Maurice Wright is a clever man: excellent composer, inventive thinker. Which is as it should be for anyone concocting anything about Benjamin Franklin. Last night the Electrical Matter Festival presented Wright's Dr. Franklin, an electronic opera whose whimsy and coherence make one regret that it has just one remaining performance.
Taking as its point of departure the Robert Venturi-designed Franklin ghost house, the staging is a pleasure, as efficient throughout its two acts as it is surprisingincluding the 18th-century fireplace that ignites when not summoning images from the inventor's imagination.
The plot is clever, too. Wright strings together Franklin's writings to take the inventor form his deathbed to a revivification today in Pennsylvania Hospital. The epigrams, etc. allow for considerable humor, but the action's not entirely zanydisallowing the fine moment when, to a tune from Bizet's Pearl Fishers, Franklin preserves himself in Madeira, cryogenics not yet being invented.
Nor for that matter will one soon forget the quartet of lawyers badgering the newly resuscitated with copyright claims and endorsements. As anyone who knows Poor Richard's Almanac, the fellow was funny. But the opera's most potent themes are Franklin's efforts "to govern the passions" and his perplexing relationship with his wife.
Still, for any opera, it is the music that matters; and the marriage of voices to computer-synthesized accompaniment is the strongest, most inventive part of this production. Alone, conjuring eerie images prompted by a tolling bell or the bleeps and whistles of a cardiac monitor, the synthesized sounds are cogent and compelling. But in combination with the able cast of singing actors (most of whom sing double roles)they are often haunting. Memorable are a sensuous duo for carousing servants that rises above guitar-like harmonies; a poignant solo for the nurse that stretches across an adagio from Wright's previously composed Piano Sonata.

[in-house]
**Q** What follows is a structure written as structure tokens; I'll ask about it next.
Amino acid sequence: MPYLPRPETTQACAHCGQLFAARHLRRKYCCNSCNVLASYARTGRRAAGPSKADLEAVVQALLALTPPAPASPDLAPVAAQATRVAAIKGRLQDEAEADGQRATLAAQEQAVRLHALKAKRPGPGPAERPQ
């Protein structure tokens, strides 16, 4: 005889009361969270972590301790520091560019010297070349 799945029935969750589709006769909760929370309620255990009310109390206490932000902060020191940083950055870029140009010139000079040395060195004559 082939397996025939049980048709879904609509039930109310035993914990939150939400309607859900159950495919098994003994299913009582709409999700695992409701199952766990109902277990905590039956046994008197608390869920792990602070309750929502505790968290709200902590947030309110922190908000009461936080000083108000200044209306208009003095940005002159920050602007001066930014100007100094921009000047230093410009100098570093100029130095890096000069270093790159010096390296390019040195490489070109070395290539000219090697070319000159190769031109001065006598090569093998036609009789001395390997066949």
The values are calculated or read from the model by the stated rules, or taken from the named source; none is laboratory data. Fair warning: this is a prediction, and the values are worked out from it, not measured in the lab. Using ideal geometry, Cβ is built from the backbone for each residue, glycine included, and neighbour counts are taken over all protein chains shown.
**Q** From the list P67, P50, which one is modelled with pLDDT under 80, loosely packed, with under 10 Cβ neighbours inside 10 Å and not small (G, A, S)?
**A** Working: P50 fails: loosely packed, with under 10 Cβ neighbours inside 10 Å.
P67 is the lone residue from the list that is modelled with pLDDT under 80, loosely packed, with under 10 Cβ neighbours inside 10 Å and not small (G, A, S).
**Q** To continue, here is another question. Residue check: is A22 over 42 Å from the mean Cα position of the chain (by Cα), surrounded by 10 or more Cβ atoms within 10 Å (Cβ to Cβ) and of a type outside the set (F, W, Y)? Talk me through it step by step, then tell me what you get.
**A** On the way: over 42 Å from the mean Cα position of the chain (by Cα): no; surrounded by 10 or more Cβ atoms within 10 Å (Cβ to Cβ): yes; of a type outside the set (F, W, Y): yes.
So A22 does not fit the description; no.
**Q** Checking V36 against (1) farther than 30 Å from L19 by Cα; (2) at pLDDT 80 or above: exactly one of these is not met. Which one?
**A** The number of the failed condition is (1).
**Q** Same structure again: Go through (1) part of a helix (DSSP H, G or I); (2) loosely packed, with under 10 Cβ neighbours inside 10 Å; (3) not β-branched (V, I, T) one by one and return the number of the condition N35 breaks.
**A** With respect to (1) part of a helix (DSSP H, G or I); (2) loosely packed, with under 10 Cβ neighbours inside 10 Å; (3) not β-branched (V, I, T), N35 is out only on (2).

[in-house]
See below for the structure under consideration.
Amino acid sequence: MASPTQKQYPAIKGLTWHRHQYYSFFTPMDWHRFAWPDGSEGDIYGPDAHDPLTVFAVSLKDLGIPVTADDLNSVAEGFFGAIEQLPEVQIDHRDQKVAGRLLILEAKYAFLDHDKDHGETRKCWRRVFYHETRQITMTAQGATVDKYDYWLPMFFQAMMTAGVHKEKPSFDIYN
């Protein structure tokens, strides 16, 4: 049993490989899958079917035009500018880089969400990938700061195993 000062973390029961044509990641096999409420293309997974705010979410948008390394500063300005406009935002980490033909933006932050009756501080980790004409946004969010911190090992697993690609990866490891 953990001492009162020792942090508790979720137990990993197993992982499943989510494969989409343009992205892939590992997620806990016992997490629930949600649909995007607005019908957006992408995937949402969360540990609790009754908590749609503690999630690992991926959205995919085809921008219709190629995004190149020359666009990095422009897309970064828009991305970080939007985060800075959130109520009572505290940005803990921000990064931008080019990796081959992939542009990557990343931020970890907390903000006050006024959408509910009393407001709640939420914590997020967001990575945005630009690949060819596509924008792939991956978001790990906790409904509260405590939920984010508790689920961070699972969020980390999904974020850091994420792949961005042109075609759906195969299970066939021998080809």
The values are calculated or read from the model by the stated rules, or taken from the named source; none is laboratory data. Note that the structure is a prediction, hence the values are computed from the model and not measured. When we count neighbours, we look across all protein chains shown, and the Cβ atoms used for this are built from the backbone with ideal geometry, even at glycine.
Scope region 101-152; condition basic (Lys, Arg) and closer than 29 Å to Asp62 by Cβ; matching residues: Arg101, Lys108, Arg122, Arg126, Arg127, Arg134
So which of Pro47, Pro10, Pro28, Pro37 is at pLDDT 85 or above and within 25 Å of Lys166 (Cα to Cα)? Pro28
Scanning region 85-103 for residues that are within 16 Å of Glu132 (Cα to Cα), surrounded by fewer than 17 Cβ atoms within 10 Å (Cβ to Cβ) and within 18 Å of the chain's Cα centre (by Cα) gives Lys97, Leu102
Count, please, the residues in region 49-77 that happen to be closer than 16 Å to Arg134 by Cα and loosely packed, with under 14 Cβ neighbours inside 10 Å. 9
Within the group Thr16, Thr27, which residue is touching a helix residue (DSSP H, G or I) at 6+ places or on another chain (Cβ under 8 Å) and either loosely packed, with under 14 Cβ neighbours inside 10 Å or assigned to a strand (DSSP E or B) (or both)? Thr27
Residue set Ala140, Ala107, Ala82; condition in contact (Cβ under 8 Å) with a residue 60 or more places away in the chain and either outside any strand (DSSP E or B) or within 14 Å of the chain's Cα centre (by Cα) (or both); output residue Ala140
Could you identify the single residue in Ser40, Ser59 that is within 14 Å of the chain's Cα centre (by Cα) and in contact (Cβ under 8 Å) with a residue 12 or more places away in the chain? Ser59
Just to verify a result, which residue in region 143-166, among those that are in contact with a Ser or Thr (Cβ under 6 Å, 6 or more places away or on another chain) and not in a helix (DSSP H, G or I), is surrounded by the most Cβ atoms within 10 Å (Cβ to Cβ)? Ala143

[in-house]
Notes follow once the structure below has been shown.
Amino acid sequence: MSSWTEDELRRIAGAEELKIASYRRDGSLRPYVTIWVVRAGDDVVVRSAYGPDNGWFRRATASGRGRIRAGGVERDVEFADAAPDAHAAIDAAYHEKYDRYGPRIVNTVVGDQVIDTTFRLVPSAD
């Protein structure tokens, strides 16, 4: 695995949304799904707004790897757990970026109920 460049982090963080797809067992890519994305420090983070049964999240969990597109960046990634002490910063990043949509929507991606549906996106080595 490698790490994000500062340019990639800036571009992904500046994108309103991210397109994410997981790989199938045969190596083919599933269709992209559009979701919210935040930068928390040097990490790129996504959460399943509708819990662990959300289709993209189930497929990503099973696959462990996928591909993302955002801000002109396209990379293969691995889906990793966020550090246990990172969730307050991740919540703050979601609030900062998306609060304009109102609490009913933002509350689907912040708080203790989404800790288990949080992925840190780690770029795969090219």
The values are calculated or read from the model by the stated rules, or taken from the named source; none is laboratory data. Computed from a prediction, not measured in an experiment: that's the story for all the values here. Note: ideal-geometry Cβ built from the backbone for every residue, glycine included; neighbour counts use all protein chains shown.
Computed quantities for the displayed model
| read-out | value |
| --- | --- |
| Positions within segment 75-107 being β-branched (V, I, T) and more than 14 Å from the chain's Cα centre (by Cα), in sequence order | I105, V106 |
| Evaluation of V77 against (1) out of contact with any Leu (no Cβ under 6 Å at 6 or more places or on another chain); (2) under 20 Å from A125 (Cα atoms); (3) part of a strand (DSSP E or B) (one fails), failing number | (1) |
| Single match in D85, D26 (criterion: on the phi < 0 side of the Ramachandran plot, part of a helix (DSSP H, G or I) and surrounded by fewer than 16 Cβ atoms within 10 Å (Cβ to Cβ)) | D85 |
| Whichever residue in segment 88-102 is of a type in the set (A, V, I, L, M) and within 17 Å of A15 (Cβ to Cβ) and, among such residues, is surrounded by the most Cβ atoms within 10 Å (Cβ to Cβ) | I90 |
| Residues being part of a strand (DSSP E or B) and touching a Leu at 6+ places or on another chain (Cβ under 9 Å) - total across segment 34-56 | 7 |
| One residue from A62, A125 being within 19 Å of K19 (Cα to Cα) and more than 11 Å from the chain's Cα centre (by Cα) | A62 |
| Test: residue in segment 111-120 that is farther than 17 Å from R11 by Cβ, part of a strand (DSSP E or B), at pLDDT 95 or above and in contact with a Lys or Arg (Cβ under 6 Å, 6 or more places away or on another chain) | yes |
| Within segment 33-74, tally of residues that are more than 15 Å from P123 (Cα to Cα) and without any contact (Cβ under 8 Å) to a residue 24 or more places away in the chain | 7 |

The Philadelphia Inquirer 10/90
I prefer Wright's language for its characteristic concision and convincing energy. [His] scores always seem to have a life of their own, as Night Scenes (1989) here demonstrates, and the composer writes empathetically for his instruments, especially woodwinds and strings. The contrasts between the leanly frenetic opening of this work and its eye-of-the-storm center are beautifully effected.
The Philadelphia Inquirer 8/90
It's hard these days to write a lucid, listenable orchestra piece that neither looks backward nor sells out but . . . Maurice Wright [has] done it. Wright's Night Scenes is . . . polished. A savage opening leads to sad woodwind lines mingling in early-Sessions dissonance and Wright's always elegant textures.
The Village Voice 7/90
Last night's concert by 1807 & Friends had a reward at the end for the patient listener . . . a brilliant piece by Maurice Wright. . . .
Wright's Chamber Symphony for Eight Instruments (1985) also received, far and away, the most convincing and enthusiastic performance of the evening. In fact, his composition brought forth from 1807 & Friends some of its best playing this season.
Wright showed an appreciation for a musical language that uses dissonances selectively. To be sure, there are aspects of [his] Chamber Symphony that look back to earlier generations. It has the warmth of Copland, the humor of Poulenc and the vigor of Honegger. Harmonically speaking, the piece never ventures further than early Stravinsky. But there is something entirely original in the way that this traditional harmonic language is used.